mugsy_bogues

When I first started to compile the data on these guards, I realized just how much talent there is right now in the NBA. Even guards who aren’t at the top of the list in passing could be at the top in scoring, and vice versa. The point guard position is more versatile than it has ever been. Guards are also having to learn to play with the ever increasing number of shooters they have at their disposal, which is truly an amazing thing to watch.

Before we get into the first part, passing, I would like to go over the methodology of how I ranked and compiled this list of point guards. Keep in mind, not all of them will have overwhelmingly great passing stats, but that is because some are scorers.

Pete Maravich

Pistol Pete Maravich. The original playground point guard.

Methodology

When looking at a point guard and passing skills, we cannot simply look at assists and call it a day. This is not 1970, we have advanced data tracking now. The key is knowing how to interpret this data and make it easy to sort out players. Knowing this, I compiled a formula that helps us see who the best floor generals are. I won’t give away my exact formula, but I will give you some bullets explaining myself a little bit.

  • I use both points created per game and points created per 48 minutes. I weighted points created per game a little more heavily, since these points are actually being scored, instead of hypothetically. Although, I tried to give credit to those who may not play heavy minutes, a la Kendall Marshall (weird to see him on here, I know).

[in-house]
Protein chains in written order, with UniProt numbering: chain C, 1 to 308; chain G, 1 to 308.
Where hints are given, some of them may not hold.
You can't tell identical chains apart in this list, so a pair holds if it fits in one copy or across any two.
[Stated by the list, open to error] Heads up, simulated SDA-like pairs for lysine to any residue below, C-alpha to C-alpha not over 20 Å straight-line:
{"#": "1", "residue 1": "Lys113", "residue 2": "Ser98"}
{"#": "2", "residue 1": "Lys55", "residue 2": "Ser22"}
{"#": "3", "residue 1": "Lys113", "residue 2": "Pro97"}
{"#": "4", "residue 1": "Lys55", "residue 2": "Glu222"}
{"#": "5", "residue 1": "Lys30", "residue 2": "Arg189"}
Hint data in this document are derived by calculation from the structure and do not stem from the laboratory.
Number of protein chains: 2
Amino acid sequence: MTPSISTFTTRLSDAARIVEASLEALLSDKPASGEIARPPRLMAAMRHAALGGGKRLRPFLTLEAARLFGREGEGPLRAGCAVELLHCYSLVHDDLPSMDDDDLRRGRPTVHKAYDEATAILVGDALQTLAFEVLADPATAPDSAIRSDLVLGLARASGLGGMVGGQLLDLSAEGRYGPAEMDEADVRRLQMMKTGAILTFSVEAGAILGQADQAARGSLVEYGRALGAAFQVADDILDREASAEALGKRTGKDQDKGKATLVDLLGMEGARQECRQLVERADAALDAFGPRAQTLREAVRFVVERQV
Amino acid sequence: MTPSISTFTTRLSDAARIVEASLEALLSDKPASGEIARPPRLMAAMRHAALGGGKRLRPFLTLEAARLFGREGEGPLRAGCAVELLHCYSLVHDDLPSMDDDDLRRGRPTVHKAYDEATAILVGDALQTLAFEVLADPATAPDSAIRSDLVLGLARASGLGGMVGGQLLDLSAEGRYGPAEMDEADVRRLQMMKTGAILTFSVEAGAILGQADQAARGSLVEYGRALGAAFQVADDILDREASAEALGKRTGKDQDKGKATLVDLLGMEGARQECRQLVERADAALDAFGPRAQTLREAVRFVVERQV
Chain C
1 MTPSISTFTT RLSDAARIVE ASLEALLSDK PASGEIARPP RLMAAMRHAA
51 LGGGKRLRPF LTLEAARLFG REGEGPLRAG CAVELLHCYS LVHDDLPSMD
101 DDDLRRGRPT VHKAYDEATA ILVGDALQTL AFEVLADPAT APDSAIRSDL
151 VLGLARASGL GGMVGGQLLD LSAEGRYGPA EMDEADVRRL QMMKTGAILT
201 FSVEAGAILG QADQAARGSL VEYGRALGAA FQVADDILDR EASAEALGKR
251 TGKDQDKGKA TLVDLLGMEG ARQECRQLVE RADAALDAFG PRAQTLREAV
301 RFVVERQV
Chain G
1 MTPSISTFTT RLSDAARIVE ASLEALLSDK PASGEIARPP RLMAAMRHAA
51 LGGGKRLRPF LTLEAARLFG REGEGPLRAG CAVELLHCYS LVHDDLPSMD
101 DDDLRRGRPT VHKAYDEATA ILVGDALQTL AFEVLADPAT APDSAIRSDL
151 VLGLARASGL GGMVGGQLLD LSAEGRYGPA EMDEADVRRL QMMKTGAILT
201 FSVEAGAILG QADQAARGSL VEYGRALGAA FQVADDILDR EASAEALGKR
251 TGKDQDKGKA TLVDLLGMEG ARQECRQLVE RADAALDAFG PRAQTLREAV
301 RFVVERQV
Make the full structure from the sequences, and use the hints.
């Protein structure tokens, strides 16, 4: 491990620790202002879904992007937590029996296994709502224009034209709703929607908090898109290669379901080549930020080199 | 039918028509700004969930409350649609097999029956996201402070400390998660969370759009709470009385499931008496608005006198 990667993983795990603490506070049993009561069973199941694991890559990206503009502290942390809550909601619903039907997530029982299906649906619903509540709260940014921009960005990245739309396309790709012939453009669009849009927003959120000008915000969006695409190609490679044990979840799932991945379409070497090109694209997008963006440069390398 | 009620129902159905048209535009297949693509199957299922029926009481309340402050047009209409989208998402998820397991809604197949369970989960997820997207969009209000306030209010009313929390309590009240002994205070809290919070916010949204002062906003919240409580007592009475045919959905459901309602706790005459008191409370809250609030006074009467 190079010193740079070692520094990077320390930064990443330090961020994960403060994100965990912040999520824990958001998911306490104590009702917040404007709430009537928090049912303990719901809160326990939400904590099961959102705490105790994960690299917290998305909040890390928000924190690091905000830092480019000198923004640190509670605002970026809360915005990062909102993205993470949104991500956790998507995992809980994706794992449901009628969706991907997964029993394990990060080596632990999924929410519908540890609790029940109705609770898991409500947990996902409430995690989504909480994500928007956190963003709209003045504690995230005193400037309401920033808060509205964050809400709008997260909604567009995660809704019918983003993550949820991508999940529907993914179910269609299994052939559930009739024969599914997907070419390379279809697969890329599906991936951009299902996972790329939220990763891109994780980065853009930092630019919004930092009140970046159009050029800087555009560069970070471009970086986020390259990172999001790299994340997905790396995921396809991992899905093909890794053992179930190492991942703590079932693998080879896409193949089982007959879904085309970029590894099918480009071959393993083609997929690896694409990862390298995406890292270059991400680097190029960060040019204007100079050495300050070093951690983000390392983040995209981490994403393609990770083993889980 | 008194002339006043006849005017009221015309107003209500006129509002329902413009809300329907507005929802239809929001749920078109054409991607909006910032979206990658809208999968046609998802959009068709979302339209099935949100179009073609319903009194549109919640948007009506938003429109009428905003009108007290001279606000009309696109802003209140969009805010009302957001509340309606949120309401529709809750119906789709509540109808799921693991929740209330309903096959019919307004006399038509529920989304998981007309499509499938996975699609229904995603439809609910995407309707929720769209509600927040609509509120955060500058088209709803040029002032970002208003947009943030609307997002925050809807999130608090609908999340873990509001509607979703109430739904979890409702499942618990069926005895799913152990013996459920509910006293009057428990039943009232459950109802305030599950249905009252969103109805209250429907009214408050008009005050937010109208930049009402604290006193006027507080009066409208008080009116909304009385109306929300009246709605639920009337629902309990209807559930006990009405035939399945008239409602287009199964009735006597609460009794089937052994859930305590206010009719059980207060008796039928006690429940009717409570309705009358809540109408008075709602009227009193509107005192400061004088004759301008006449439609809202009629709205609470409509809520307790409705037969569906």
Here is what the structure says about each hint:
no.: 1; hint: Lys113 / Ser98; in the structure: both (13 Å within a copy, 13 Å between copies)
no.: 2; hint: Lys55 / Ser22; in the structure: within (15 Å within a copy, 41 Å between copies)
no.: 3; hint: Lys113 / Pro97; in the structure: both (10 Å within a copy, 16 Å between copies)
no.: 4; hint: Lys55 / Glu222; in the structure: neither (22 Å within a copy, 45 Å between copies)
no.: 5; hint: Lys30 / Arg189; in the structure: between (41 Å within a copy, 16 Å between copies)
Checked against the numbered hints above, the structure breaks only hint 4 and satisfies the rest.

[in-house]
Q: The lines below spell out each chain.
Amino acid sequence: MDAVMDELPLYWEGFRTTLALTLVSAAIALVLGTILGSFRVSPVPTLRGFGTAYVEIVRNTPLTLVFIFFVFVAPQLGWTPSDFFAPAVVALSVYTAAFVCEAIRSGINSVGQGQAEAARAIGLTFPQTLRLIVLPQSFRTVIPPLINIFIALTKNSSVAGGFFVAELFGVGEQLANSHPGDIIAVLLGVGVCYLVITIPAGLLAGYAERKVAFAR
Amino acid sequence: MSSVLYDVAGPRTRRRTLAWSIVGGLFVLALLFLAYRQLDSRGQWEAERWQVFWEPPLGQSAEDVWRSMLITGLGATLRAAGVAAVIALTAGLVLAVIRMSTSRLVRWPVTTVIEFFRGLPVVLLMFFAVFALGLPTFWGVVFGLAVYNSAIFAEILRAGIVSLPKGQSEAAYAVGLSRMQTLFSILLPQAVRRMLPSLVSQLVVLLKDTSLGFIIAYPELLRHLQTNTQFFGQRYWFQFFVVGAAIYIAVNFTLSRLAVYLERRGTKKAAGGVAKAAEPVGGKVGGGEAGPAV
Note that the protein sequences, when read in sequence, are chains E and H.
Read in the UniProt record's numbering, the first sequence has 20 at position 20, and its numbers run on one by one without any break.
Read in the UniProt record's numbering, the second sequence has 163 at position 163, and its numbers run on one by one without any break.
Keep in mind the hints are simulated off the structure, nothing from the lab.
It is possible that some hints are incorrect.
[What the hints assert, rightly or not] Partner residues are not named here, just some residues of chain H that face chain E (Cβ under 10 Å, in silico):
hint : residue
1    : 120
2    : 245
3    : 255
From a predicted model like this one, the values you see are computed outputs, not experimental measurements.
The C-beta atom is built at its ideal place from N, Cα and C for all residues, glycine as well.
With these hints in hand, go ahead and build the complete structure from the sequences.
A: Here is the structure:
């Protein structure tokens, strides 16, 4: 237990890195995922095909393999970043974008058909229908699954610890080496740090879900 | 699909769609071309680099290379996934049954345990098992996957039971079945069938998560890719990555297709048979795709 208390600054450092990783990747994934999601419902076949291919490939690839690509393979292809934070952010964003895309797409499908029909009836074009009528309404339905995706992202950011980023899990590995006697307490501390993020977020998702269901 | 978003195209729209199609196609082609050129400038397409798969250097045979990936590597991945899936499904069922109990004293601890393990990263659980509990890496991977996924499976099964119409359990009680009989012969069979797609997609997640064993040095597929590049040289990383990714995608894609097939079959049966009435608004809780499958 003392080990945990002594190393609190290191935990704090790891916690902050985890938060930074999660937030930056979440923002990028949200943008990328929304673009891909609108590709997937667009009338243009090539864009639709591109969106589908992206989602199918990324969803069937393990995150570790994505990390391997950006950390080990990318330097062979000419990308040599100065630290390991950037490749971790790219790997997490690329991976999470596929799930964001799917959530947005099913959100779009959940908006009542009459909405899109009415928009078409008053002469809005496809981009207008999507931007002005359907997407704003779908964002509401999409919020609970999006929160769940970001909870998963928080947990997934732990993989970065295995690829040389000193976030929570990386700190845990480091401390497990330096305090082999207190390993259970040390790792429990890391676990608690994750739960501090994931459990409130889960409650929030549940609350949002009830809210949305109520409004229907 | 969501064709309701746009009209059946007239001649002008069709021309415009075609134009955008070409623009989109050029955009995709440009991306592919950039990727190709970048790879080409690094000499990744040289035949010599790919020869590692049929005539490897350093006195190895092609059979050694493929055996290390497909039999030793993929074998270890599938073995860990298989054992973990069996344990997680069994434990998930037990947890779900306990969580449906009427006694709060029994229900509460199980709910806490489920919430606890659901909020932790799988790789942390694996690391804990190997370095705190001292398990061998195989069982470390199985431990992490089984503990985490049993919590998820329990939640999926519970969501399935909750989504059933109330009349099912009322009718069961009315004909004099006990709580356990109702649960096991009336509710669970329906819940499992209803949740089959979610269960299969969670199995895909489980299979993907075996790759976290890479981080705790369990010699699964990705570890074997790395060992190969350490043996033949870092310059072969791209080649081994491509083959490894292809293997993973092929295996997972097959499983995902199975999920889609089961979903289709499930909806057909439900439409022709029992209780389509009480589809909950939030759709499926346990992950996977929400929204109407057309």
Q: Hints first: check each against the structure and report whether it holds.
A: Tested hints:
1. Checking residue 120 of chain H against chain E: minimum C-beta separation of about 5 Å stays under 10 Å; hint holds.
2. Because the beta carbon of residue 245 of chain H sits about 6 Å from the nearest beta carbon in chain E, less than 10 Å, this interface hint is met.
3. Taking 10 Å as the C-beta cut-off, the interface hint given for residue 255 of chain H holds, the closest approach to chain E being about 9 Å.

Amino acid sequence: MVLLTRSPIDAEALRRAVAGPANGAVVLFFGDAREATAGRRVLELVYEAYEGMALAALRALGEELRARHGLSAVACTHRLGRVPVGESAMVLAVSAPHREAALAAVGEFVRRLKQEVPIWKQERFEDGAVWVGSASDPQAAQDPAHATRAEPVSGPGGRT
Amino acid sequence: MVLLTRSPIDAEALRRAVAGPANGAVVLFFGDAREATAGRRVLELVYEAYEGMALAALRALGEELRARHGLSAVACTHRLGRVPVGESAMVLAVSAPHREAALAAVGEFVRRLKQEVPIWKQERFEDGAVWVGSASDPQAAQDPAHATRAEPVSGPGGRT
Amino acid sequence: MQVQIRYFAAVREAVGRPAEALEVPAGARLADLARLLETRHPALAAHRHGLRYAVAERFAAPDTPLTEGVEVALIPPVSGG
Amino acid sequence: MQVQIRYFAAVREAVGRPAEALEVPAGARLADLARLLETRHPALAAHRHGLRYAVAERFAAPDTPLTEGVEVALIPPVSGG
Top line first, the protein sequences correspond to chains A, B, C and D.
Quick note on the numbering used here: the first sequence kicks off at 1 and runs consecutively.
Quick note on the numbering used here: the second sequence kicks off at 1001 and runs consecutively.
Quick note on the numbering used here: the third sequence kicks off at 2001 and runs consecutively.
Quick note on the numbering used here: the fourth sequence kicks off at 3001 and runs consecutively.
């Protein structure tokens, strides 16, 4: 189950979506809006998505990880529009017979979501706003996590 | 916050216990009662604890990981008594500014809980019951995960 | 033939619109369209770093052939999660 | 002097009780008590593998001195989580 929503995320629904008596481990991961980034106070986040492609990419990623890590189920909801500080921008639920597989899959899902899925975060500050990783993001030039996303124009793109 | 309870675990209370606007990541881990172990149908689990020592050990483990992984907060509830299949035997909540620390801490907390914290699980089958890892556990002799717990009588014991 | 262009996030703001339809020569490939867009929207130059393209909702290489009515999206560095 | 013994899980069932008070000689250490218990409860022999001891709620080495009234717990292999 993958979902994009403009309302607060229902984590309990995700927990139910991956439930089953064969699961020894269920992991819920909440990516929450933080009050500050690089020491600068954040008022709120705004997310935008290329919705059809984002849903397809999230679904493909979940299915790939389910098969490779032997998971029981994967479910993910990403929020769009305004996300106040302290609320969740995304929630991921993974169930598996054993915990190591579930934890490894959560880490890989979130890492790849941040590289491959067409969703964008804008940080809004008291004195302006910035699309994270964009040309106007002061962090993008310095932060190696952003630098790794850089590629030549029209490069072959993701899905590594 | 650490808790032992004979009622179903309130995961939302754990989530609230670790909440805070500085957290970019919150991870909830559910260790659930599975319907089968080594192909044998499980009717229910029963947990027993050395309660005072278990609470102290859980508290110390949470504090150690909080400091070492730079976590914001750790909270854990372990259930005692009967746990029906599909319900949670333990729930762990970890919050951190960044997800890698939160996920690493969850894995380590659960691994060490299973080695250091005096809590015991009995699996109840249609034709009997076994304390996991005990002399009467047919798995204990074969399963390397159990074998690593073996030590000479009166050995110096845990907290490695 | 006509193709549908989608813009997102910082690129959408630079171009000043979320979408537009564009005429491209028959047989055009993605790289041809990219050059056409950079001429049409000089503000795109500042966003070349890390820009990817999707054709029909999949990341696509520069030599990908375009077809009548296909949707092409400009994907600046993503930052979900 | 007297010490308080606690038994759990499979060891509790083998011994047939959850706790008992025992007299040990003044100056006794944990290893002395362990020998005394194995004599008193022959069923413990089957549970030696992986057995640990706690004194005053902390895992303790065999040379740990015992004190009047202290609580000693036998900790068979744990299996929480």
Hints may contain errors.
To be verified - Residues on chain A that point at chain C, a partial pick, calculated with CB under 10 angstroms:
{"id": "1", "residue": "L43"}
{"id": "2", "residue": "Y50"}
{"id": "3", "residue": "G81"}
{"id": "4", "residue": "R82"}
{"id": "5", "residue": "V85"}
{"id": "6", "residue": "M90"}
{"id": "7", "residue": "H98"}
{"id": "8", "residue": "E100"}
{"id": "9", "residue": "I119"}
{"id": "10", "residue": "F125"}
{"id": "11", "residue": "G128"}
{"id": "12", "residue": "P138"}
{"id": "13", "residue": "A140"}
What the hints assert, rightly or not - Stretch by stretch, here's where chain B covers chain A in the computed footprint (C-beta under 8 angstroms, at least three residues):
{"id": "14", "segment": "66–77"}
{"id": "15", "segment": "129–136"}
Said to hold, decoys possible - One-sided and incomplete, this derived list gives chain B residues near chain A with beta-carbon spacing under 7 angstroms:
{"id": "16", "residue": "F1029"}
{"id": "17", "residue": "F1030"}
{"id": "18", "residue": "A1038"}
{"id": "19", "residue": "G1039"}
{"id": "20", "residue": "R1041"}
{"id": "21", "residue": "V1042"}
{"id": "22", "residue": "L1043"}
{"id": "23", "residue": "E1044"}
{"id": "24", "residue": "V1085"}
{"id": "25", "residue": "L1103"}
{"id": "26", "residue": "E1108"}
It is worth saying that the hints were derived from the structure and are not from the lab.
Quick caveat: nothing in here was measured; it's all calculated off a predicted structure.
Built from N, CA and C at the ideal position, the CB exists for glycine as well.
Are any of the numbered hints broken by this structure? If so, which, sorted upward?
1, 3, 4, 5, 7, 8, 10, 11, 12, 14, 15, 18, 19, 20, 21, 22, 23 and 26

• I counted free throw assists according to the percentage of free throws made.
  • I counted secondary assists according to what an average made shot would be worth, according to points per weighted shot stats.
  • I used all of this to give us a nice number. There is no real average, as these numbers will fluctuate from season to season and I have not evaluated all seasons. Anything approaching a 30 score can be seen as truly elite. 20 would seem to indicate about an average passer for the position, and anything below that is falling into below average range. Again, there is no real average as I have not evaluated all seasons, but these are the trends for this season.